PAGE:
How DOA is Ben Affleck’s “Live By Night”?
The brilliant Washington Post TV critic Tom Shales once wrote of a short-lived show, “The Gangster Chronicles is so DOA, it makes doornails look frisky.” (I know, because as a 14-year-old, I clipped out his review, underlined that sentence, and kept it in a box under my bed, dreaming that someday I, too, would turn a phrase that beautifully.) Well, Live By Night makes The Gangster Chronicles look like The Godfather.
It must’ve looked great on paper: Ben Affleck, fresh off the Oscar-winning success of Argo, directs his own adaptation of a novel by Dennis Lehane, just as he did with his hugely promising debut as a filmmaker, Gone Baby Gone (starring his brother Casey, who’s having a much better year, winning every award under the sun for Manchester by the Sea, than Ben is having with Batman v. Superman and this dud). The story starts in Boston, Ben’s old Good Will Hunting turf as well as the setting for Gone Baby Gone and its solid followup The Town. Affleck remains a gifted visual stylist; working with cinematographer Robert Richardson, he stages a bank robbery/car chase and shootout that crackle with electricity. But they’re stand-alone sequences, and soon as they’re over, the story comes to a screeching halt.
So where did it all go wrong? Where to begin? Where movies always begin, with the script. The story of a World War I vet, Joe Dougherty (Affleck), who returns to Beantown and goes against the wishes of his honest-cop father (Brendan Gleeson) to live a life of crime, is quite simply full of beans. Affleck attempts to capture Lehane’s hard-boiled dialogue, but the result is soft-headed. One character is described as “dumb as a grape.” Live By Night is as dumb as a bunch of them. A similar story of Prohibition Era gangsters was told in an infinitely better fashion on HBO’s Boardwalk Empire. Live By Night should’ve been prohibited.
Gleeson gives the film’s only credible performance, and—SPOILER ALERT—he dies, off-screen, within the first half-hour. The rest of the cast seem to be competing in a bad-acting-off. Chris Messina channels Chico Marx as Joe’s goombah sidekick. The usually great Chris Cooper seems to be parodying his own performance in American Beauty as a corrupt yet self-righteous Tampa sheriff. Two shockingly nondescript actors, Robert Glenister and Remo Girone, are cast in the pivotal roles of warring mob dons, one Irish and one Italian, who fight for what’s left of Joe’s soul. An even more anonymous performer, Matthew Maher (who also appeared in The Town), portrays a Klansman with an apparent hare-lip, and he unintentionally conjures the memory of Elmer Fudd. You half-expect him to say, “Be vewwwy quiet. We’re hunting minorities!”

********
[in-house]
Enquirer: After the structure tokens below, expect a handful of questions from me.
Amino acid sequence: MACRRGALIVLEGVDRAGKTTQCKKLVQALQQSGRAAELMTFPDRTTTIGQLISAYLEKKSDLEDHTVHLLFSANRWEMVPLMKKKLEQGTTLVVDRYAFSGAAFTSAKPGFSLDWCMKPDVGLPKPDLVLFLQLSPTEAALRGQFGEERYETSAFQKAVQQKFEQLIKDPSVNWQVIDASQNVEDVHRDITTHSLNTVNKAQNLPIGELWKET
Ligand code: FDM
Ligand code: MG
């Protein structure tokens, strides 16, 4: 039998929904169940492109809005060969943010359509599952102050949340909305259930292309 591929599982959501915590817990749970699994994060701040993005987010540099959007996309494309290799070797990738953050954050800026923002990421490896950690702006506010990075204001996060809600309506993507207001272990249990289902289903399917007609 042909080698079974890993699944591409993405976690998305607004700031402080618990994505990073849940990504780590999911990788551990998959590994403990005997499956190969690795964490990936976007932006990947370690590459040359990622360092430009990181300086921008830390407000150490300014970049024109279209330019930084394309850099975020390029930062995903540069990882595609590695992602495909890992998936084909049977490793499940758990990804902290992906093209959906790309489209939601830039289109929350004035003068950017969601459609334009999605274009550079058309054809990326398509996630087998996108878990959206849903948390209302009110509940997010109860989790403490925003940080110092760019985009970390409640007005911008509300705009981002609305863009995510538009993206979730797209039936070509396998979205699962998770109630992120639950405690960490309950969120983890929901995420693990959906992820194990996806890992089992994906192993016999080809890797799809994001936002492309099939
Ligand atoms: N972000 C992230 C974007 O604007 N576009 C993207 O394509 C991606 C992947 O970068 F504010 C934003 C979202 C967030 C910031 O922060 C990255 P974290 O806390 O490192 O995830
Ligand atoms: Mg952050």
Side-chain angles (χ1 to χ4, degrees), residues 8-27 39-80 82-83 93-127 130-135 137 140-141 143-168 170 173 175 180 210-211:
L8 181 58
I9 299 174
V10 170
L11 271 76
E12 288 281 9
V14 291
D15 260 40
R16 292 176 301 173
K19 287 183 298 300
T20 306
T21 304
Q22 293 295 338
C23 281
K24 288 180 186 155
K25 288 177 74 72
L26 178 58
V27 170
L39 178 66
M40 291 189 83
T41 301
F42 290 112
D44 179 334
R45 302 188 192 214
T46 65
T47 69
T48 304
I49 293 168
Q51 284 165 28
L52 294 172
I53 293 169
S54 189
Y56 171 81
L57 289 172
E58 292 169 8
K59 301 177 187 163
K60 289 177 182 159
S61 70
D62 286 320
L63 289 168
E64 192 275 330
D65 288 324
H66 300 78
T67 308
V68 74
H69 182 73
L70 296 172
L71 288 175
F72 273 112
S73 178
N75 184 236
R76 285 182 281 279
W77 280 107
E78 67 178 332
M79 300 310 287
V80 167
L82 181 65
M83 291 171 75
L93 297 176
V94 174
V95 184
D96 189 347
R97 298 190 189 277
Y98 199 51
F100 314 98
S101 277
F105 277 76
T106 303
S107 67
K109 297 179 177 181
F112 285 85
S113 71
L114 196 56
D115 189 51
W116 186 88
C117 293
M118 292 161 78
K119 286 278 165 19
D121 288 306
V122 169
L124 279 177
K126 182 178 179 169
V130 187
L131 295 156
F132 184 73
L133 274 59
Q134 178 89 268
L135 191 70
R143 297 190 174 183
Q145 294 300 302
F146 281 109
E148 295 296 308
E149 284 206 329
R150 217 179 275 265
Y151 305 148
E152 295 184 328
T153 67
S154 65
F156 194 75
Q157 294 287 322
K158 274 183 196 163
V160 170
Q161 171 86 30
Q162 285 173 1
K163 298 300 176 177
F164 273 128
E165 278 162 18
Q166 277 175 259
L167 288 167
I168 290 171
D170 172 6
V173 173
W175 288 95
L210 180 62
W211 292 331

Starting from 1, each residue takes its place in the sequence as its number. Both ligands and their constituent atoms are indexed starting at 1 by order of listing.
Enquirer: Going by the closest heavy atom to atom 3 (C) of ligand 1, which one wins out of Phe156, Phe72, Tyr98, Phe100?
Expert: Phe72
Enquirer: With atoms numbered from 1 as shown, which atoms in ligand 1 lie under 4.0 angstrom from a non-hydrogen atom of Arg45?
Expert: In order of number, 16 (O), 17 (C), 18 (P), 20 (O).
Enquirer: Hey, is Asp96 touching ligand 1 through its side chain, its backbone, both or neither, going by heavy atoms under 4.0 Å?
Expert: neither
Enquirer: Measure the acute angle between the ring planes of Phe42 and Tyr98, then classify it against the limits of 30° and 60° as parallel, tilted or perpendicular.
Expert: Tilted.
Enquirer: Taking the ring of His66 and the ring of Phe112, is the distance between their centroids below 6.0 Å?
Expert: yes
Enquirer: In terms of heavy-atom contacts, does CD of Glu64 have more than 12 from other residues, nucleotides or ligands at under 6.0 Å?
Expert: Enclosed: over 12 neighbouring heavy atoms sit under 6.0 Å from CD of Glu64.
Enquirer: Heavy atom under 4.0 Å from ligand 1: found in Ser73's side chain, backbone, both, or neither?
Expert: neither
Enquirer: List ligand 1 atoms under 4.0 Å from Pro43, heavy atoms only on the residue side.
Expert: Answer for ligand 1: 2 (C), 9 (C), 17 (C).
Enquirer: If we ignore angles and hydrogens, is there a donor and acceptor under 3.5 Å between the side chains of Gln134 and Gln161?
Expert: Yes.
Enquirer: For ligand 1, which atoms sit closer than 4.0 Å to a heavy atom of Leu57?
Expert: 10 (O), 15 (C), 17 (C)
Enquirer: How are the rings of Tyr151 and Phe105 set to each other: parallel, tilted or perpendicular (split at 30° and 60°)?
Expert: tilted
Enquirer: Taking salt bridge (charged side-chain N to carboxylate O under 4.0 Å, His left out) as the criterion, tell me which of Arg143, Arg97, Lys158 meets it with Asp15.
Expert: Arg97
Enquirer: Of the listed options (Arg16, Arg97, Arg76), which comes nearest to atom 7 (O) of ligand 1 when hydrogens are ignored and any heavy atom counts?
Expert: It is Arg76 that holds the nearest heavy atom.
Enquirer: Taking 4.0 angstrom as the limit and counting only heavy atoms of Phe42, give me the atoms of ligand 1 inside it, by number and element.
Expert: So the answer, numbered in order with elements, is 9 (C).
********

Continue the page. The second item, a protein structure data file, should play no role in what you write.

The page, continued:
The women’s roles in the film are as insultingly written as they are poorly executed. Sienna Miller fatally overplays the femme fatale; she’s a moll who double-crosses Joe and sets him up to be killed by the Irish kingpin, yet we’re supposed to believe Joe’s so in love with her that he instantly forgives her, even though we see no traces of genuine affection between them. Zoe Saldana is saddled with the good-wife role; she’s a Black Cuban rum-runner who becomes Joe’s spouse when he relocates to Florida to try and open a casino, and the minute they get together, she becomes a paragon of virtue (once again, we never understand why these two are attracted to each other or what they have in common—we’re just supposed to take Affleck’s word for it that they’re deeply in love). The real doozy, however, is Elle Fanning in a part that is literally both a Madonna and a whore. She’s Cooper’s daughter, who heads to Hollywood seeking stardom and ends up doing porn and heroin. Then she returns home and is whipped by her dad in a scene so twisted it plays like daddy-daughter porn, if there is such a thing (and I’m afraid to find out but there must be). So she becomes an evangelist, showing off her track marks as if they were stigmata, and singlehandedly shuts down Joe’s plans for a gambling empire with her supposedly rabble-rousing tent-revival speeches. Problem is, Fanning is so low-energy (pardon my Trumpism), she barely seems able to keep her eyes open, muchless whip a flock of parishioners into a holy-rolling frenzy.
But the winner of the bad-acting-off, by a mile, is Affleck himself. He barely seems able to keep a straight face when he’s delivering ridiculous lines like, “I have no beef with you, but I don’t truck with gangsters.” Just behind his eyes, you can see a little boy’s glee that he’s getting to do a gangster movie like the ones he grew up watching. Can you imagine Al Pacino in The Godfather or Ray Liotta in GoodFellas delivering such transparently awful work? No, because Francis Ford Coppola and Martin Scorsese wouldn’t allow it. But Affleck’s his own director — and his own worst enemy.
There’s a scene in the film when Joe gets kicked so hard in the groin, he instantly vomits. That’s how I felt watching Live by Night. “I’d like to think there’s a God, and He’s kind,” Fanning’s Bible-thumper tells Joe. “Wouldn’t that be swell?” Sure it would, but if there is a God, why would He or She allow such a mortal sin against cinema?